Karen became a District I AVMA Representative in 2016 and obviously has moved ahead and been part of a major change in AVMA leadership demographics. WVLDI has thrived through her leadership and example, and the Founders quickly realized they had the opportunity to broaden the diversity and impact of the entire profession, even beyond the AVMA leadership. Following the governance protocols she set up, Karen and other founding Board members have now rotated off after their 3 2-year terms, leaving a legacy of an inspiring initial mission, a flat organizational structure, and a Board that embodies highly engaged servant-leadership.
Recruitment and inclusion of new Directors mean that WVLDI has now transitioned to its next-generation with Dr. Kimberly Ann Therrien. Each year, the strategic plan is revisited at the annual meeting during the AVMA meeting.
Today, WVLDI provides speakers at all major national veterinary meetings, trains speakers and supports student chapters by mentoring and giving pro bono presentations, promotes and supports candidates for leadership consistent with its mission, and has an ever-expanding and more effective social media presence.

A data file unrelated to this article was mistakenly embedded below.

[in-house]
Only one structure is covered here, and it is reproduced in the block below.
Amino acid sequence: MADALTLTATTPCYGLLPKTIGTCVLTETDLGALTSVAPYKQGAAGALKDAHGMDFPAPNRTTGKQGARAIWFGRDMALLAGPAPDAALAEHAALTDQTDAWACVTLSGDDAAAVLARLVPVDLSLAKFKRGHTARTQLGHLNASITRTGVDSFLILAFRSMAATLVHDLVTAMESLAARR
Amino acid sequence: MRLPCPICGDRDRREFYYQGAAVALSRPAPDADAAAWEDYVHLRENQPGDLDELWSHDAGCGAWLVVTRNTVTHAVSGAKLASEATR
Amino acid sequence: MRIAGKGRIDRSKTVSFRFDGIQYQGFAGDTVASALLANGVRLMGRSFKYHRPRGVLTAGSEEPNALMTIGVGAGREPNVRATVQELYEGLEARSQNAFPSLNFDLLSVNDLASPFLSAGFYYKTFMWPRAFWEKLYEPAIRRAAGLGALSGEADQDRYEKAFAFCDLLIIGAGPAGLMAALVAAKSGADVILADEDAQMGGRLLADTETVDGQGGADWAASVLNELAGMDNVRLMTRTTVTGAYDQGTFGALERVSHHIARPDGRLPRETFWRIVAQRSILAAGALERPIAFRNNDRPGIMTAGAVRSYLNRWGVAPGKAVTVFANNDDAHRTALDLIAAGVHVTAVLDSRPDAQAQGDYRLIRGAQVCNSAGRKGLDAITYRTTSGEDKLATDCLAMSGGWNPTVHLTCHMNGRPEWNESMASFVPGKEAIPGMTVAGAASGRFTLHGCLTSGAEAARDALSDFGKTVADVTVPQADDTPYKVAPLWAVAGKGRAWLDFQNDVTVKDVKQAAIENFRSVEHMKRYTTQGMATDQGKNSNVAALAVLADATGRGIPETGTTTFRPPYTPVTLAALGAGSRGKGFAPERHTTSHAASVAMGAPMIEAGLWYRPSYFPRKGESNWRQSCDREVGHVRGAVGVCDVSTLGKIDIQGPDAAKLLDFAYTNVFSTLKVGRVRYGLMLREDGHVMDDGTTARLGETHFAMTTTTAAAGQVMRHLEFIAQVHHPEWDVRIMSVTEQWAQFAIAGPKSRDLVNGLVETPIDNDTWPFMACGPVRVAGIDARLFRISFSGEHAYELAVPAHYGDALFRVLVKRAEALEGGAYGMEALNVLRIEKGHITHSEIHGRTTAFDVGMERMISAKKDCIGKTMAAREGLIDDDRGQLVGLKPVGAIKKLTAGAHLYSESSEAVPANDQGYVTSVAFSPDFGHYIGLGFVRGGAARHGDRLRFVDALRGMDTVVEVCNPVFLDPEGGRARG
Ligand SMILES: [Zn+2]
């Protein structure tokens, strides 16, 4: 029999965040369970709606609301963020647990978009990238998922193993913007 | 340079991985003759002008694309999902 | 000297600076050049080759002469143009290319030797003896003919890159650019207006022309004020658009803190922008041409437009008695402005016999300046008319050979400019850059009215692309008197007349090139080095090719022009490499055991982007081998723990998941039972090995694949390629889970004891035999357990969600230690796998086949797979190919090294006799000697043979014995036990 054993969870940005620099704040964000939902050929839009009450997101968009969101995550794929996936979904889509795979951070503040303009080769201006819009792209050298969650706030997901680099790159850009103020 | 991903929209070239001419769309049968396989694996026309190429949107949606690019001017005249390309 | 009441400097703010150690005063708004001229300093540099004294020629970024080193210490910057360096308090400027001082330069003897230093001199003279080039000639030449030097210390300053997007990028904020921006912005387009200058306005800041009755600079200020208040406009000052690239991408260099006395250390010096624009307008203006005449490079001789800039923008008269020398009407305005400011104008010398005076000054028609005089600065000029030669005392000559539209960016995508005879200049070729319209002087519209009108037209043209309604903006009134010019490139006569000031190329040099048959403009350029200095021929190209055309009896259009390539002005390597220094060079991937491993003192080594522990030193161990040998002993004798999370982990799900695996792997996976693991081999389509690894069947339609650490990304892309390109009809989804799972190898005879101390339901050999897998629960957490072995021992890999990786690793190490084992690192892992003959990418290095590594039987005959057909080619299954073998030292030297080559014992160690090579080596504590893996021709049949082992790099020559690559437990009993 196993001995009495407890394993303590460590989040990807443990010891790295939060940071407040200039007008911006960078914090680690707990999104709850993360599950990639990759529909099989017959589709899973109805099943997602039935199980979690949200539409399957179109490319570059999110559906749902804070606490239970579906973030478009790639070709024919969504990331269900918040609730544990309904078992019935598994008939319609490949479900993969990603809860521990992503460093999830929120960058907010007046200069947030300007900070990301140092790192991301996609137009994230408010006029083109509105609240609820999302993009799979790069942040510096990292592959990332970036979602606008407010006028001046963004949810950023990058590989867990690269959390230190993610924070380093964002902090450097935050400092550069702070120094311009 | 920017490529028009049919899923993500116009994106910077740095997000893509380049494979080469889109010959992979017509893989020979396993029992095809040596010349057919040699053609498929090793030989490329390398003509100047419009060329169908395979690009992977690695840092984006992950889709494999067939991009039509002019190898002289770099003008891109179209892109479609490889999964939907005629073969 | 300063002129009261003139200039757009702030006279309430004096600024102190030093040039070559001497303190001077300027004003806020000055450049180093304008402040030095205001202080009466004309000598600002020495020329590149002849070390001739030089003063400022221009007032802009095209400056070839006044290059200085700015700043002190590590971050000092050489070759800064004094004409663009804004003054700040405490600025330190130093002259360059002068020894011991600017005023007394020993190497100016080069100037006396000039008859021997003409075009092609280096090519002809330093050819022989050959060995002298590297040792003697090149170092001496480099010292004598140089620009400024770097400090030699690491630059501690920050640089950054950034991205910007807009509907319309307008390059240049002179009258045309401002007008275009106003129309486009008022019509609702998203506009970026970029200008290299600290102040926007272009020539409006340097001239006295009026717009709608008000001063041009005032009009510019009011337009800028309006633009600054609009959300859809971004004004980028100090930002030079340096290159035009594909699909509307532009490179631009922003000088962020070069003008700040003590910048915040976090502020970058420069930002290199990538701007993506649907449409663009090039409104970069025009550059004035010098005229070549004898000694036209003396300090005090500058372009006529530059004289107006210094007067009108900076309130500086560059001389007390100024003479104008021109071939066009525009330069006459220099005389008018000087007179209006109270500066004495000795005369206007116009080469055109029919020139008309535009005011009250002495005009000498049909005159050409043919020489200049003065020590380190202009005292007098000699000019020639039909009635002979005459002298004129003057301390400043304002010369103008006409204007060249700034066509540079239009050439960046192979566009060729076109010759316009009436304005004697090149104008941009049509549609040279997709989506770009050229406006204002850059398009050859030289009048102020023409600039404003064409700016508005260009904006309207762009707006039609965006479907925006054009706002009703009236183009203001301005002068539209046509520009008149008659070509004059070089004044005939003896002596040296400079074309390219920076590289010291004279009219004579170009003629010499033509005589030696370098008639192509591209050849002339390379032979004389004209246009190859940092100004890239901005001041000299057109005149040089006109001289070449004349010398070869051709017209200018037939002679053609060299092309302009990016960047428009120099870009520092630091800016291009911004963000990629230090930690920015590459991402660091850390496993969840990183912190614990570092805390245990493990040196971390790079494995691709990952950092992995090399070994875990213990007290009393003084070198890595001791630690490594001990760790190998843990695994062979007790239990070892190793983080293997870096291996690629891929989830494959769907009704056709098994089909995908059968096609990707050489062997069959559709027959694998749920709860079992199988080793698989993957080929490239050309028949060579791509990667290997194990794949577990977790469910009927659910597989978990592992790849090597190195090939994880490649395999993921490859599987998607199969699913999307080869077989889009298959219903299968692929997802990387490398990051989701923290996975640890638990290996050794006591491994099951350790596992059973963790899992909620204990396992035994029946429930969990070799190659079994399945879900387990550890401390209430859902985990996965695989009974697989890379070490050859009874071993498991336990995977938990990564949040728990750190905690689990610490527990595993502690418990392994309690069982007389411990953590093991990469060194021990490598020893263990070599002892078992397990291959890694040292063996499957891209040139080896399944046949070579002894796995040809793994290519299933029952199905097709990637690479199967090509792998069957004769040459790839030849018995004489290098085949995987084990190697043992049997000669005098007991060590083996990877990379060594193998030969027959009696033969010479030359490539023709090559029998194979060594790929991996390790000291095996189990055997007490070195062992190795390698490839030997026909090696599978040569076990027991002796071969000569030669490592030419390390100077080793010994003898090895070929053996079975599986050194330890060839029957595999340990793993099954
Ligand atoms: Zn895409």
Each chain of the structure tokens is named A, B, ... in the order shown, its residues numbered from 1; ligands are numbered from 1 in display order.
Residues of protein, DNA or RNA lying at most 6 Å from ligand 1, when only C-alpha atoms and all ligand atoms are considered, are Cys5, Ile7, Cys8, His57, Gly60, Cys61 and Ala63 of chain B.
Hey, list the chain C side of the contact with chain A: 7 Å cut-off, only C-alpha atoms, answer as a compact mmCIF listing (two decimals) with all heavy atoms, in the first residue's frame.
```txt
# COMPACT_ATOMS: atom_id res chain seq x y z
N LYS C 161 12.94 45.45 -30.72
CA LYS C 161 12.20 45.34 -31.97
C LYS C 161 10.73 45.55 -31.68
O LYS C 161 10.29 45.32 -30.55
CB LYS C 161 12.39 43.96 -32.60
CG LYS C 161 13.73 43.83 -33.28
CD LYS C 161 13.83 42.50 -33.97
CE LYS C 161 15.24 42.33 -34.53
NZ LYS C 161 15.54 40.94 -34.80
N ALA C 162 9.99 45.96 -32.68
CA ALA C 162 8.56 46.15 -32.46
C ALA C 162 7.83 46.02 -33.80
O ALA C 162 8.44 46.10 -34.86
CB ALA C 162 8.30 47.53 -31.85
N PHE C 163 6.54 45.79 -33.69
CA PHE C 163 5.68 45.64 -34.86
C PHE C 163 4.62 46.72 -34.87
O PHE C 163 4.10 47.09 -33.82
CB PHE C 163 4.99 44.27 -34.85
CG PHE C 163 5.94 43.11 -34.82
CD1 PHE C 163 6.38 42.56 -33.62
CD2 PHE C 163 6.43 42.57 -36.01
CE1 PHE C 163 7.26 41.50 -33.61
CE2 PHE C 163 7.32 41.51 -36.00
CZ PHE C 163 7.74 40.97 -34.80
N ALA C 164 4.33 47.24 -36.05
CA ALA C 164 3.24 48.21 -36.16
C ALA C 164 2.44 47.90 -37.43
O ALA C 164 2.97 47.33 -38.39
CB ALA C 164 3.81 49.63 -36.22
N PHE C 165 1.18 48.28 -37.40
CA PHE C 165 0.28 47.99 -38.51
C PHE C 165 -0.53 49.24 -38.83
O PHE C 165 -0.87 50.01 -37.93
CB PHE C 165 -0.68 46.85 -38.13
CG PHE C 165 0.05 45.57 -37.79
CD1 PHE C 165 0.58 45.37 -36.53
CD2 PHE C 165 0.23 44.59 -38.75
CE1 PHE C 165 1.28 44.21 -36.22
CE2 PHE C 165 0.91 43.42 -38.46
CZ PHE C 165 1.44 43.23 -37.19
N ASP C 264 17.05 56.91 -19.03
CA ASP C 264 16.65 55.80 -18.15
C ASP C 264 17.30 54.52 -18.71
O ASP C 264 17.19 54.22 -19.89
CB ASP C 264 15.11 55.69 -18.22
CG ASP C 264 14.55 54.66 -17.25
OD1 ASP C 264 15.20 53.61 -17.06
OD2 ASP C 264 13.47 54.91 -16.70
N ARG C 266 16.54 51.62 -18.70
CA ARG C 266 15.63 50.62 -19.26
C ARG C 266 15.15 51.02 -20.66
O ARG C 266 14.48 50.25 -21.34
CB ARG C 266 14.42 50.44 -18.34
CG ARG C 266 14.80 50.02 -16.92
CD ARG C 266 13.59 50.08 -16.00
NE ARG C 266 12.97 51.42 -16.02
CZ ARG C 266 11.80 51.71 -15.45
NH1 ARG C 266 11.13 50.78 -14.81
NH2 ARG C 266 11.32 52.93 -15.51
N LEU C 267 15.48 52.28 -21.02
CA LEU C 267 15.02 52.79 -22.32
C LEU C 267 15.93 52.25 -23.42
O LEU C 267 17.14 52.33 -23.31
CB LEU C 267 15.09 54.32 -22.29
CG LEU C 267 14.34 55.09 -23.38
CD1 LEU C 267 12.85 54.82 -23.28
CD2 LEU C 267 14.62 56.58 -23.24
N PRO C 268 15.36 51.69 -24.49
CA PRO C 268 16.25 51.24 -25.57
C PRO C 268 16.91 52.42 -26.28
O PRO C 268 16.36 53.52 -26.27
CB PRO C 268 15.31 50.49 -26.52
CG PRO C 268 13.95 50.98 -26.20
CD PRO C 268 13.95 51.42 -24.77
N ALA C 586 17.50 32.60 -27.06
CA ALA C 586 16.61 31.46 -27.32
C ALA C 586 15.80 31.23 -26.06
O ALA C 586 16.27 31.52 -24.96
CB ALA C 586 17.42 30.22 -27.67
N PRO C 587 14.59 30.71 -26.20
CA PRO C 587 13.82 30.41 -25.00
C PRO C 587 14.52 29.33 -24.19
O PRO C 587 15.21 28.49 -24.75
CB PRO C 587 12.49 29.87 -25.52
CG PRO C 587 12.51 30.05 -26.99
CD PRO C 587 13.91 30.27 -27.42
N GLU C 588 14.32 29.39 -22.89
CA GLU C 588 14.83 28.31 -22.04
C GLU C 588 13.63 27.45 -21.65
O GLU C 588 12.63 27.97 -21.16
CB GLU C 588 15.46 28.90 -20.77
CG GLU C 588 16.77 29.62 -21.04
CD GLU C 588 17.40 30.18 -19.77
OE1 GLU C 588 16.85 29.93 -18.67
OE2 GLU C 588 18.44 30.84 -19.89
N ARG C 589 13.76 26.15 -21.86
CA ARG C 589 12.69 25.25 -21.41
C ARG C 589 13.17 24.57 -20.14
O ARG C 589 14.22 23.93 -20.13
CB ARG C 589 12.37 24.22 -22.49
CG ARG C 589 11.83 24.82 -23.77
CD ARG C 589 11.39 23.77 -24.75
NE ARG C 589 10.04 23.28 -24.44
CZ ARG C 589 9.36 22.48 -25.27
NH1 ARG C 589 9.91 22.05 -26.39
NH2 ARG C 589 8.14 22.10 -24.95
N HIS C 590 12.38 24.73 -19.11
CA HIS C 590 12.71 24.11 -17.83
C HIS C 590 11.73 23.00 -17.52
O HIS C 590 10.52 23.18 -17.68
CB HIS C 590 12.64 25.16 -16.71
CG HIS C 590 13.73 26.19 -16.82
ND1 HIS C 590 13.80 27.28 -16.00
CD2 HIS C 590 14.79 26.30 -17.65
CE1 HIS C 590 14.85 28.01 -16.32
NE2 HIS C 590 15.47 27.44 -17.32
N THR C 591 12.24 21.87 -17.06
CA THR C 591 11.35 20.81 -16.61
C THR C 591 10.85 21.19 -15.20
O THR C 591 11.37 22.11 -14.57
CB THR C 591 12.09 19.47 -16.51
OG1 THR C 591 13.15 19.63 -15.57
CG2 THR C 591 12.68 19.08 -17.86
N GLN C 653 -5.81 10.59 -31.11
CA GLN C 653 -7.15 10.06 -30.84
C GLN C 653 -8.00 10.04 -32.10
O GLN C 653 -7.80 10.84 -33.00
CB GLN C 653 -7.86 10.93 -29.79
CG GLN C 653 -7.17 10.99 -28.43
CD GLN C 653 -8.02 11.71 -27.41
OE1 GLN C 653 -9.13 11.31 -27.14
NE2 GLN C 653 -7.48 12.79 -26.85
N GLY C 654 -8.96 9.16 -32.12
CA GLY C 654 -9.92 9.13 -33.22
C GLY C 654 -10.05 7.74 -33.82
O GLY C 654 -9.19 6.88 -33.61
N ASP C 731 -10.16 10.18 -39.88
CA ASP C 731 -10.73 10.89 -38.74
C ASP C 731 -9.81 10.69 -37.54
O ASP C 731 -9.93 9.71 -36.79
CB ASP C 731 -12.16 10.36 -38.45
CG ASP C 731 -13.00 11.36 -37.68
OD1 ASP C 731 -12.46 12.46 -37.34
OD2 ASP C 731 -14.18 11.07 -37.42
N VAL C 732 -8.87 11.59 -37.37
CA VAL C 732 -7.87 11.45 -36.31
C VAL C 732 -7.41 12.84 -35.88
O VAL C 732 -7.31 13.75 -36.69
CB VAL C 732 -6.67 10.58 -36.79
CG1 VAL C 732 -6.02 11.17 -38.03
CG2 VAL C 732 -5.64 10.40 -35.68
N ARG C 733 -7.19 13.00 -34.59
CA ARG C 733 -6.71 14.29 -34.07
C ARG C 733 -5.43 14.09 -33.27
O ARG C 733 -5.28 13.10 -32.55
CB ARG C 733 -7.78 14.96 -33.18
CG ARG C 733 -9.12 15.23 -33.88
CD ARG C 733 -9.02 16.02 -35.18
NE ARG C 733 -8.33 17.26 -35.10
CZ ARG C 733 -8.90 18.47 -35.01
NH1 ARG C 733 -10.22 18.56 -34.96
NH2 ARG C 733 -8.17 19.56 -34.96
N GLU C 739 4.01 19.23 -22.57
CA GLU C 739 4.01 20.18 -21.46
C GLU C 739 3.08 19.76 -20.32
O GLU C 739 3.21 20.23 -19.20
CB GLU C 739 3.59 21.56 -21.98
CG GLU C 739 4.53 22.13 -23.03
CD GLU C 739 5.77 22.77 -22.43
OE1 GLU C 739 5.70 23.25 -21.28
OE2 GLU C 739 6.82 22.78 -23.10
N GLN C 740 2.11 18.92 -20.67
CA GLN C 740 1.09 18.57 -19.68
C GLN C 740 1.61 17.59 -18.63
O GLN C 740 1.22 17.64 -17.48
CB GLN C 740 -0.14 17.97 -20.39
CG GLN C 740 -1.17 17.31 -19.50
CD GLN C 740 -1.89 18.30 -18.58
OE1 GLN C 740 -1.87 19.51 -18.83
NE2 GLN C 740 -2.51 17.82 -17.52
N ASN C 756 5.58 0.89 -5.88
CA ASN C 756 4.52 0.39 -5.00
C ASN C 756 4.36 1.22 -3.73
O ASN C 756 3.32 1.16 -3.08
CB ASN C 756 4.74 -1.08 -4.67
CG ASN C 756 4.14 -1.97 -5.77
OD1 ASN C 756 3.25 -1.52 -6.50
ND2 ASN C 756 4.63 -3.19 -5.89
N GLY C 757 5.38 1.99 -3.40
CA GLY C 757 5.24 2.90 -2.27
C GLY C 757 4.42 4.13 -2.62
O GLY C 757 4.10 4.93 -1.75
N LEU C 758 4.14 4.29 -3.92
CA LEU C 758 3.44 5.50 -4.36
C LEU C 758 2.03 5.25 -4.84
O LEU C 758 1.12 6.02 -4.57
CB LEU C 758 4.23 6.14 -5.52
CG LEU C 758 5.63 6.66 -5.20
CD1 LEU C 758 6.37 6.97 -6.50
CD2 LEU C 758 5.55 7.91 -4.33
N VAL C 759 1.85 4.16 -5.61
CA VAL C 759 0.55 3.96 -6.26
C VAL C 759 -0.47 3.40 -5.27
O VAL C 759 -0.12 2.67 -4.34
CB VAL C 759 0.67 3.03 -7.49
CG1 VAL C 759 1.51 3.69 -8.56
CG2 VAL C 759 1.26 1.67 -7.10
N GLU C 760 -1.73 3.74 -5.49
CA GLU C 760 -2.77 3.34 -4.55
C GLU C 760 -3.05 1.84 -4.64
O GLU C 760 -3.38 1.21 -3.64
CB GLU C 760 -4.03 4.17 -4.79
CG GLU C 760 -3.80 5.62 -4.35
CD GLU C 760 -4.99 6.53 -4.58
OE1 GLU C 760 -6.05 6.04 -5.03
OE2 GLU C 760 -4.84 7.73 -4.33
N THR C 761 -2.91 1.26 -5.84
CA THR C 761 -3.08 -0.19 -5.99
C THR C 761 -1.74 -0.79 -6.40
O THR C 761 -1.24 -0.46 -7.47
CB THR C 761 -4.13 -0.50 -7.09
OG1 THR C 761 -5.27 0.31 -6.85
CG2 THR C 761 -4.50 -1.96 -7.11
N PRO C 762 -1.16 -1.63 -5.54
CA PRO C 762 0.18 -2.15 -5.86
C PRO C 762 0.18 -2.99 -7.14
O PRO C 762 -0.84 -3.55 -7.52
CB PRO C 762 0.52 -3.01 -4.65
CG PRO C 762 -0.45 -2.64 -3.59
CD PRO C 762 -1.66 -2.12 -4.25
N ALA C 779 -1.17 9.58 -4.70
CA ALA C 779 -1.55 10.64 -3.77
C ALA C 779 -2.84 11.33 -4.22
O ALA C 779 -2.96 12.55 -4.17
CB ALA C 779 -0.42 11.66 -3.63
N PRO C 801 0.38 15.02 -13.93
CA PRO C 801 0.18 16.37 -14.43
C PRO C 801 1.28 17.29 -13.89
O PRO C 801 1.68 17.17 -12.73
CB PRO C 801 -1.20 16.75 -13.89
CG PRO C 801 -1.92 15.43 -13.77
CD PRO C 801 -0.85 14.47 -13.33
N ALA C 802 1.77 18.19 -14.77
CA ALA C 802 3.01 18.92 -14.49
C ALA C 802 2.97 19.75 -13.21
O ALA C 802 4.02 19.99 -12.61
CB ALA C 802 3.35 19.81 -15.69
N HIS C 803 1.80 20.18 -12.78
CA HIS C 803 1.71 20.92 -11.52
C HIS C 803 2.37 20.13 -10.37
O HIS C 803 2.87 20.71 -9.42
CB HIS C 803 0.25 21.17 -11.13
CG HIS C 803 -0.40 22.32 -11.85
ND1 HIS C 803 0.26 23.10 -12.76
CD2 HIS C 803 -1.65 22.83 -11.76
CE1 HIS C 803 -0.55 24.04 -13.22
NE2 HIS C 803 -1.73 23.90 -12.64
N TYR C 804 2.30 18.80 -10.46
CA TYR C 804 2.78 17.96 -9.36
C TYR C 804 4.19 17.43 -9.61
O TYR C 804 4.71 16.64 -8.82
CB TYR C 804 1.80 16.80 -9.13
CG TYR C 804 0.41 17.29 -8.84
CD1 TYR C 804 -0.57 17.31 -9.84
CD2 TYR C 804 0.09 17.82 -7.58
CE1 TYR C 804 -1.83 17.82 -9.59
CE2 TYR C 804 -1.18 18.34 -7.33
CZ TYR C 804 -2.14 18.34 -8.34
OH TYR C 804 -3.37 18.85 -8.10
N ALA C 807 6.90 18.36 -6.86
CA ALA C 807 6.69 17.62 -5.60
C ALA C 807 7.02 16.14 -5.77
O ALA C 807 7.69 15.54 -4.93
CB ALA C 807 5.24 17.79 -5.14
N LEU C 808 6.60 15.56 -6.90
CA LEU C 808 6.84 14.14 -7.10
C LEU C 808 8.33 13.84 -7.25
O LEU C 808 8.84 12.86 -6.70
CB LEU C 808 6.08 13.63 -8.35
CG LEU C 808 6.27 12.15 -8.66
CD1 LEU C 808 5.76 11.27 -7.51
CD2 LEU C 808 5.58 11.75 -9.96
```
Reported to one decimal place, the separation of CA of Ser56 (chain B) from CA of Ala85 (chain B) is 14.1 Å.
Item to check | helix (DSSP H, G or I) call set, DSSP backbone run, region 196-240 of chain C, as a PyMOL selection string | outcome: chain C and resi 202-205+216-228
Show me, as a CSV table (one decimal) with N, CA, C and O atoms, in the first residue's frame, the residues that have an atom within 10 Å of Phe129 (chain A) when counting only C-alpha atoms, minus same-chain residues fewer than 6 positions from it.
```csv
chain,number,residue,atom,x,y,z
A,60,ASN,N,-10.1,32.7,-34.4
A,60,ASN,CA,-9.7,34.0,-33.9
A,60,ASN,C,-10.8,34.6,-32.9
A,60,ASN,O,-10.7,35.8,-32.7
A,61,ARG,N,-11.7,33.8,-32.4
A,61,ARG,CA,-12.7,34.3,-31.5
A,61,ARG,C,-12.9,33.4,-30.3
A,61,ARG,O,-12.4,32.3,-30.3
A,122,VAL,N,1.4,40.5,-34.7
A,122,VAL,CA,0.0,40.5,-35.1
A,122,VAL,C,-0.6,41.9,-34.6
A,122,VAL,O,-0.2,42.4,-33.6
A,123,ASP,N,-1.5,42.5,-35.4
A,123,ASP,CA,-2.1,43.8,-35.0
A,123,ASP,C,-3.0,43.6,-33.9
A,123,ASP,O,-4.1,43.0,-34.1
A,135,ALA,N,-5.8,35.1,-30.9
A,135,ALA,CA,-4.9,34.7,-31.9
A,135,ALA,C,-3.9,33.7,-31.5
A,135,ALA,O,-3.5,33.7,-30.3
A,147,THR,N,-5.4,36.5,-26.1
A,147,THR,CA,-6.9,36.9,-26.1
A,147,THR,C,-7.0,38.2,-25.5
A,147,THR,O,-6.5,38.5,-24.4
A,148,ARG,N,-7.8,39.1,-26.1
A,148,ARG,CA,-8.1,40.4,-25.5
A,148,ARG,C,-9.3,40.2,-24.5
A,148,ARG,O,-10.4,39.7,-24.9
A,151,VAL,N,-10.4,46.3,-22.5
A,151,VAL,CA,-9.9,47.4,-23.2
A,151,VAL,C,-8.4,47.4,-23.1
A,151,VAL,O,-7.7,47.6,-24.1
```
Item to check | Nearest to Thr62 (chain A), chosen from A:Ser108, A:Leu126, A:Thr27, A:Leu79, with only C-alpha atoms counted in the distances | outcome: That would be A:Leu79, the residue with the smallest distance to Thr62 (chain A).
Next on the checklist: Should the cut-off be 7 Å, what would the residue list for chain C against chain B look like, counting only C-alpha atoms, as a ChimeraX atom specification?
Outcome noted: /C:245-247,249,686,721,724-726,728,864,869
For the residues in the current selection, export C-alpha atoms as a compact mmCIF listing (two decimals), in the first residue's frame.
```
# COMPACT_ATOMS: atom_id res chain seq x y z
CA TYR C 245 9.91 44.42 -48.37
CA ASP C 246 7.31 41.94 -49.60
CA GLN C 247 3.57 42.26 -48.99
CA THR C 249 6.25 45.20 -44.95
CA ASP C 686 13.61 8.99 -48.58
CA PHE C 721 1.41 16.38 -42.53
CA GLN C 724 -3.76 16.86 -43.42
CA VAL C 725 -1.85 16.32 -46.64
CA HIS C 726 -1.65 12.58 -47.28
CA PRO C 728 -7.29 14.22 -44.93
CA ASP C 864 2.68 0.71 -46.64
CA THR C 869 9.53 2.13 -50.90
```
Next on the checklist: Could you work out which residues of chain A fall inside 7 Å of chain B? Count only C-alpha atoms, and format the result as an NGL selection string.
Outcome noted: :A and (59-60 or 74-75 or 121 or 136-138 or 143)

Long, long ago (before Covid travel and socializing restrictions), in a land sort of far away (Vermont), WVLDI board members Dr. Joan Hendricks, Dr. Deb Stone, and Julie Kumble (photographed below) was hosted by Karen for a late spring weekend. We experienced her spacious Vermont country farm, family home, and considerable additional biomass: barn critters, a succession of massive English mastiffs, and cool kitties, one of whose dumb cat behavior is featured in an ongoing narrative on Karen’s lively Facebook page. Her human family includes a mission-driven environmentalist husband, Dave, and two impressive children, son Duncan and daughter, Ellery “Elle,” who is an award-winning young horseback rider. Like all good children of a certain age, they avoided the 3 of us as much as humanly possible—but politely! We learned about irrelevancies such as her professional flute-playing career and the charm of Montpelier (watch for an upcoming BLOG on WLVDI that features more about the fun we had on this visit).